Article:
An Arab Poet Who Dares to Differ

Adonis With Adonis the front runner for the Nobel Prize in Literature again, I was reminded of this article by Adam Shatz in the New York Times almost a decade ago:

“I am among those who seek the ills of the Arabs in their own history, not outside of it,” he said. An outspoken champion of secular democracy and a ferocious critic of organized religion, Adonis has published many studies of Arab culture and history, notably the book “The Changing and the Fixed: A Study of Conformity and Originality in Arab Culture.” In that volume, banned in certain Arab countries as heresy, Adonis accused Islam's clerics of perpetuating what he calls past-ism — a stubborn tendency to cling to what is known and to fear the new. According to Adonis, even apparently secular forms of politics in the Arab world, notably Arab nationalism and Marxism, are religious in structure, presenting themselves as revelations — absolute truths that confirm received wisdom instead of fostering debate.

“We live in a culture that doesn't leave a space for questions,” he said, puffing on a cigarillo. “It knows all the answers in advance. Even God has nothing left to say!” He let out a high-pitched giggle, as he often does after saying something particularly ominous or apocalyptic. What the Arab world needs, more than anything, he said, is a “revolution of subjectivity” that would emancipate people from tradition. Until this inner revolution occurs, he warned, Arabs would know only a secondhand modernity, a dangerous brew of hollow consumerism, rigged elections and radical Islam. “There is no more culture in the Arab world,” he said. “It's finished. Culturally speaking, we are a part of Western culture, but only as consumers, not as creators.”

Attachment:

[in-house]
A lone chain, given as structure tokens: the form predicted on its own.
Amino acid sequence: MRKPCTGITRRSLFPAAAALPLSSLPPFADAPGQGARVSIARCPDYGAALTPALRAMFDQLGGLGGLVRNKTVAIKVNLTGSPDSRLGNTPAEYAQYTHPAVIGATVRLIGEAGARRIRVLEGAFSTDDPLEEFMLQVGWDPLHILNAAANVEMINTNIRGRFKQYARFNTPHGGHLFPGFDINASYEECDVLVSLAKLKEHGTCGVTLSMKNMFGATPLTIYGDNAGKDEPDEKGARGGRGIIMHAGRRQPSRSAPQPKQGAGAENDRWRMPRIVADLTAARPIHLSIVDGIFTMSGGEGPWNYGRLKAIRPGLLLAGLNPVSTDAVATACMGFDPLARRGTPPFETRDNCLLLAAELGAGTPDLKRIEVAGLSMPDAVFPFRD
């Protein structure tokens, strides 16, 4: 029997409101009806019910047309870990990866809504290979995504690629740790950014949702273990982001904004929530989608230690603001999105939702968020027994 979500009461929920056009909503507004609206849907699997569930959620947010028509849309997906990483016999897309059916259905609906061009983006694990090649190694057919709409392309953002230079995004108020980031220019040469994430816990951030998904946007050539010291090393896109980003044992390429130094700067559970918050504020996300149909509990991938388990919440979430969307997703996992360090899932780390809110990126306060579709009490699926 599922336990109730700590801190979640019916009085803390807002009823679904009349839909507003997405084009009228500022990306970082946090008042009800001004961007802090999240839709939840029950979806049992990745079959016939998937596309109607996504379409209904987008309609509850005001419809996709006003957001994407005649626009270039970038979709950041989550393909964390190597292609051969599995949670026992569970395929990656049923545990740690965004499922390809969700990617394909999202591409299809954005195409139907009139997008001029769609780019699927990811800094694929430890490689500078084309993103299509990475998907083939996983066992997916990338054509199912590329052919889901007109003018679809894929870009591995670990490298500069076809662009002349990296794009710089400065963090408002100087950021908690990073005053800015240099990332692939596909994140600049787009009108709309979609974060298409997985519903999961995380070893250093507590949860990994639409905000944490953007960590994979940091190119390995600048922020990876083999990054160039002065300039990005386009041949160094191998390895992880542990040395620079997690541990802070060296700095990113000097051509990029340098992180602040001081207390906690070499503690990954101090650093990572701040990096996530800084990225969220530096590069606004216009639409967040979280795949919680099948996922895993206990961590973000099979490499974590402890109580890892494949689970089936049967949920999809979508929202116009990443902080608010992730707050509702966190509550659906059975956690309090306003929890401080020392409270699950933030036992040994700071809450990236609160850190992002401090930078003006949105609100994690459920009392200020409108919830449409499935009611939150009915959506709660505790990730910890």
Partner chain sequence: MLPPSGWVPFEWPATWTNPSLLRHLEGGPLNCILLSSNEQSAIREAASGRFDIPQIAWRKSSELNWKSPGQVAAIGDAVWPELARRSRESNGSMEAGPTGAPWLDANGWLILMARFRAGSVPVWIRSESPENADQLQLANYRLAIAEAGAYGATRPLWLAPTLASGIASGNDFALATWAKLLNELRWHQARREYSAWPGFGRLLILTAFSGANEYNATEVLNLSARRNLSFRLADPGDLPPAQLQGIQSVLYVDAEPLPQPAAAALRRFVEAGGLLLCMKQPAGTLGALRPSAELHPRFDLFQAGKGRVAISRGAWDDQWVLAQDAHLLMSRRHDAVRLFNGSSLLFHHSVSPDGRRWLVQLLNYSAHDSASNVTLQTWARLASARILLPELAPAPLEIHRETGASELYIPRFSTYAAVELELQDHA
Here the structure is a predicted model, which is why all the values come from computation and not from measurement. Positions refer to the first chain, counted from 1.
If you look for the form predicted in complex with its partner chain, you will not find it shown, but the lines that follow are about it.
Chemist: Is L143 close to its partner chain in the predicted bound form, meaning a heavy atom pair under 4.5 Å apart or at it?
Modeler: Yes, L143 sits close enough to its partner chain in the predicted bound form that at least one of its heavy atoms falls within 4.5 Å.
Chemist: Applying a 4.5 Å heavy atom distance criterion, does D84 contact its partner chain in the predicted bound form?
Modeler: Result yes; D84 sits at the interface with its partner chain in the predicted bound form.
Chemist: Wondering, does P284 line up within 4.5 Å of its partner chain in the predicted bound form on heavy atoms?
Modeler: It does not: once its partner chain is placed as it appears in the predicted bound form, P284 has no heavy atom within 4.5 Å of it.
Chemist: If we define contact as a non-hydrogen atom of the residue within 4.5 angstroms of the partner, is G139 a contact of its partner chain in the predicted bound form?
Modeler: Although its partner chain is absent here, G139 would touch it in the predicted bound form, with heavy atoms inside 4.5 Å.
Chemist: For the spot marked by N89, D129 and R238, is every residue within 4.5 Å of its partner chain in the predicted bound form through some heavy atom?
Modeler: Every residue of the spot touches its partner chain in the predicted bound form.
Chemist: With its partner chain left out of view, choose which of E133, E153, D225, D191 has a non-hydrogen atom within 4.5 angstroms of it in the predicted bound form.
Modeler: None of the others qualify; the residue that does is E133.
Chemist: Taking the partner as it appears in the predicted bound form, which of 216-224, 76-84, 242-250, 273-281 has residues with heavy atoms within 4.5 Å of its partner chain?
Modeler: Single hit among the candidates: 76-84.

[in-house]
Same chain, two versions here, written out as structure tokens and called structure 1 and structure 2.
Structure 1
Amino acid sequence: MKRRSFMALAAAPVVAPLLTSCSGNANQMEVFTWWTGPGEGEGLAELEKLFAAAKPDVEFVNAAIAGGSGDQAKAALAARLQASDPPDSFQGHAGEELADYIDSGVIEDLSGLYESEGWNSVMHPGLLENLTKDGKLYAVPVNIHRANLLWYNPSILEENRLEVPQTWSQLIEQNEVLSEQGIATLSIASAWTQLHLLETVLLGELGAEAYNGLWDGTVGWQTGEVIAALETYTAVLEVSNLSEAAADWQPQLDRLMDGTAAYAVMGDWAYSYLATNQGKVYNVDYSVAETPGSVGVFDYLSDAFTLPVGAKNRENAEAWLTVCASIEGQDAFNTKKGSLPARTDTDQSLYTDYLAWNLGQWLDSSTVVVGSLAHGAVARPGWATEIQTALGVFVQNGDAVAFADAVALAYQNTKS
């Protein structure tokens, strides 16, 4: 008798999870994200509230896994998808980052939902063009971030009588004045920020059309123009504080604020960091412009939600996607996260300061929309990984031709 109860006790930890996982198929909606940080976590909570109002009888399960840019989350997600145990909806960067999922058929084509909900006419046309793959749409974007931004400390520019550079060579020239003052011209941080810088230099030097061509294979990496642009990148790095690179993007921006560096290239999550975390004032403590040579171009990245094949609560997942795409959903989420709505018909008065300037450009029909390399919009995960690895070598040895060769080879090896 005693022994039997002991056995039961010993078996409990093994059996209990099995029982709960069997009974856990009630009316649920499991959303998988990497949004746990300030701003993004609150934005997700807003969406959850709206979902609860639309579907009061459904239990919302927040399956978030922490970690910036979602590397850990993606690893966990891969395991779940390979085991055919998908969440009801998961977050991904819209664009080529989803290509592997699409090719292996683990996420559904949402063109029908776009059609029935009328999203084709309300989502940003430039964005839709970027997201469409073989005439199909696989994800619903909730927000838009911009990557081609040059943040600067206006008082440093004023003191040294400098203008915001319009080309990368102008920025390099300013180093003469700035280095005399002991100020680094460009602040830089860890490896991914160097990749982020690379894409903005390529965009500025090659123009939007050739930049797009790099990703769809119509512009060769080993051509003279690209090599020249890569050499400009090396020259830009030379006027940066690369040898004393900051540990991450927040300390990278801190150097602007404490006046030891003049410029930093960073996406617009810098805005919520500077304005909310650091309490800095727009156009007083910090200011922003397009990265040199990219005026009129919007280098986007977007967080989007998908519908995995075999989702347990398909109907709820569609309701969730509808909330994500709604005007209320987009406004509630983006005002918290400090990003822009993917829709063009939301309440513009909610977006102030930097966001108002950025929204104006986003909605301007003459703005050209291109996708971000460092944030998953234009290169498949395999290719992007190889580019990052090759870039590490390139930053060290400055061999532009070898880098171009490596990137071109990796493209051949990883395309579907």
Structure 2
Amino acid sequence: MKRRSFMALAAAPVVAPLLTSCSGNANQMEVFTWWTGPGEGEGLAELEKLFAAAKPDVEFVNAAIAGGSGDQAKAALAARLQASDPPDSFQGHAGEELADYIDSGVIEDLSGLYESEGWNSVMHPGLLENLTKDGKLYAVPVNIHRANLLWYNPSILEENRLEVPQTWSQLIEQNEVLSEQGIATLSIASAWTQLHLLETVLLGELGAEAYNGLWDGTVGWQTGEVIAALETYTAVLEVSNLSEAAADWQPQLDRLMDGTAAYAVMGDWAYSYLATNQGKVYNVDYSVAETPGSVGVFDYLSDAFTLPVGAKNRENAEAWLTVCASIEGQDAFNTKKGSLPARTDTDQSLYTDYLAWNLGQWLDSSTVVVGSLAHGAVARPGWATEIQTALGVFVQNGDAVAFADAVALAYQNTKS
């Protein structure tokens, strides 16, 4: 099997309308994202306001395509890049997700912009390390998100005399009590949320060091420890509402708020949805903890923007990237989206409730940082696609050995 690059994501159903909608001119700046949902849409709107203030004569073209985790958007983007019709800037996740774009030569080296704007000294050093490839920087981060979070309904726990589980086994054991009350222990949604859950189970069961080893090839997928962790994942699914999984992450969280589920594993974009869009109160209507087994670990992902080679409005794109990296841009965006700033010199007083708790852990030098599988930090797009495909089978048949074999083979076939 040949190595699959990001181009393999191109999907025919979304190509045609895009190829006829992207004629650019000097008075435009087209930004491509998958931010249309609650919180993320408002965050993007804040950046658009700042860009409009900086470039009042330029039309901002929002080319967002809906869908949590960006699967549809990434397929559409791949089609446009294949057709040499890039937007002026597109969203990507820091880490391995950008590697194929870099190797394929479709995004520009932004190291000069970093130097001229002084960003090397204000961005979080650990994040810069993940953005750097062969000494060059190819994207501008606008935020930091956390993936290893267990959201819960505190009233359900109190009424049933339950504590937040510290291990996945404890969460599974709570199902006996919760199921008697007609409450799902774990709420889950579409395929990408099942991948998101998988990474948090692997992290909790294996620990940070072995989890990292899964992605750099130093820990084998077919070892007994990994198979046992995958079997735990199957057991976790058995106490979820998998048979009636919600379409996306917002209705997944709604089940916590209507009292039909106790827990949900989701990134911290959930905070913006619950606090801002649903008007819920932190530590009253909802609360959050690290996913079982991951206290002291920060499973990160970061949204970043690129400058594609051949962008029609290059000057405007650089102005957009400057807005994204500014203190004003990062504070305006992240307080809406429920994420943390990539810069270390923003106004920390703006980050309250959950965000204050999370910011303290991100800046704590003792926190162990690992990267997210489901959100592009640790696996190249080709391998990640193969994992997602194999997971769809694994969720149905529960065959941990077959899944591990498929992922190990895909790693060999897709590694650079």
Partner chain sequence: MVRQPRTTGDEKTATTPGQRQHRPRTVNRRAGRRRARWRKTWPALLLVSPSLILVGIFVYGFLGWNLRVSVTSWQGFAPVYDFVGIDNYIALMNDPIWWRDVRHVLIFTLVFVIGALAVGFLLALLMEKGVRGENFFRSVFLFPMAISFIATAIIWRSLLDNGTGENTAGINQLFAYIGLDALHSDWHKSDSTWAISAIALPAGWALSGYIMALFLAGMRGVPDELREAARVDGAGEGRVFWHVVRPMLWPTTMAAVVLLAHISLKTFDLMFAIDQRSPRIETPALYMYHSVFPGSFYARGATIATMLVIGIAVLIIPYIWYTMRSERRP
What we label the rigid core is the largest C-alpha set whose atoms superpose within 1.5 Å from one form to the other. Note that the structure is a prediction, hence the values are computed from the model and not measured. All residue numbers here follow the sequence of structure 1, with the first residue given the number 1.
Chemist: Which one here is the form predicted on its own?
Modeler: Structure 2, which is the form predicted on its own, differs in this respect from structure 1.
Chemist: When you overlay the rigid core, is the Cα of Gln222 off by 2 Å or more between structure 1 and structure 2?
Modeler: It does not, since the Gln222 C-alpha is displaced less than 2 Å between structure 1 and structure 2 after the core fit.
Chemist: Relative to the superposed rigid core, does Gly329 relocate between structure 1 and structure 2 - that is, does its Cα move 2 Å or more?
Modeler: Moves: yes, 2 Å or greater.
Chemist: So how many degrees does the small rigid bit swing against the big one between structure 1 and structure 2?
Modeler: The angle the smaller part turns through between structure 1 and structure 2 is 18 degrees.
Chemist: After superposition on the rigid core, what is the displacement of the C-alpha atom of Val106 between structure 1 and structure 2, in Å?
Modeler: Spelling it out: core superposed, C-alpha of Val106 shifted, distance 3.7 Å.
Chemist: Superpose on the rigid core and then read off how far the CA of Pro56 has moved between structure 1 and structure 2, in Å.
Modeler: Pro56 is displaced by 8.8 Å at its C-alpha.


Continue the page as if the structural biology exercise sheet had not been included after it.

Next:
To American readers of Fouad Ajami and V. S. Naipaul, Adonis's criticisms of Arab society may have a familiar ring. But what sets him apart from these men is that he writes in Arabic for an Arab audience, and that he is equally critical of the West, particularly the United States. “What strikes me about the States,” he said, widening his arms as if he were conducting the Berlin Philharmonic, “is the richness of American society on the one hand and, on the other” — he brought his hands together as if he were measuring a grain of sand — “the smallness of its foreign policy.”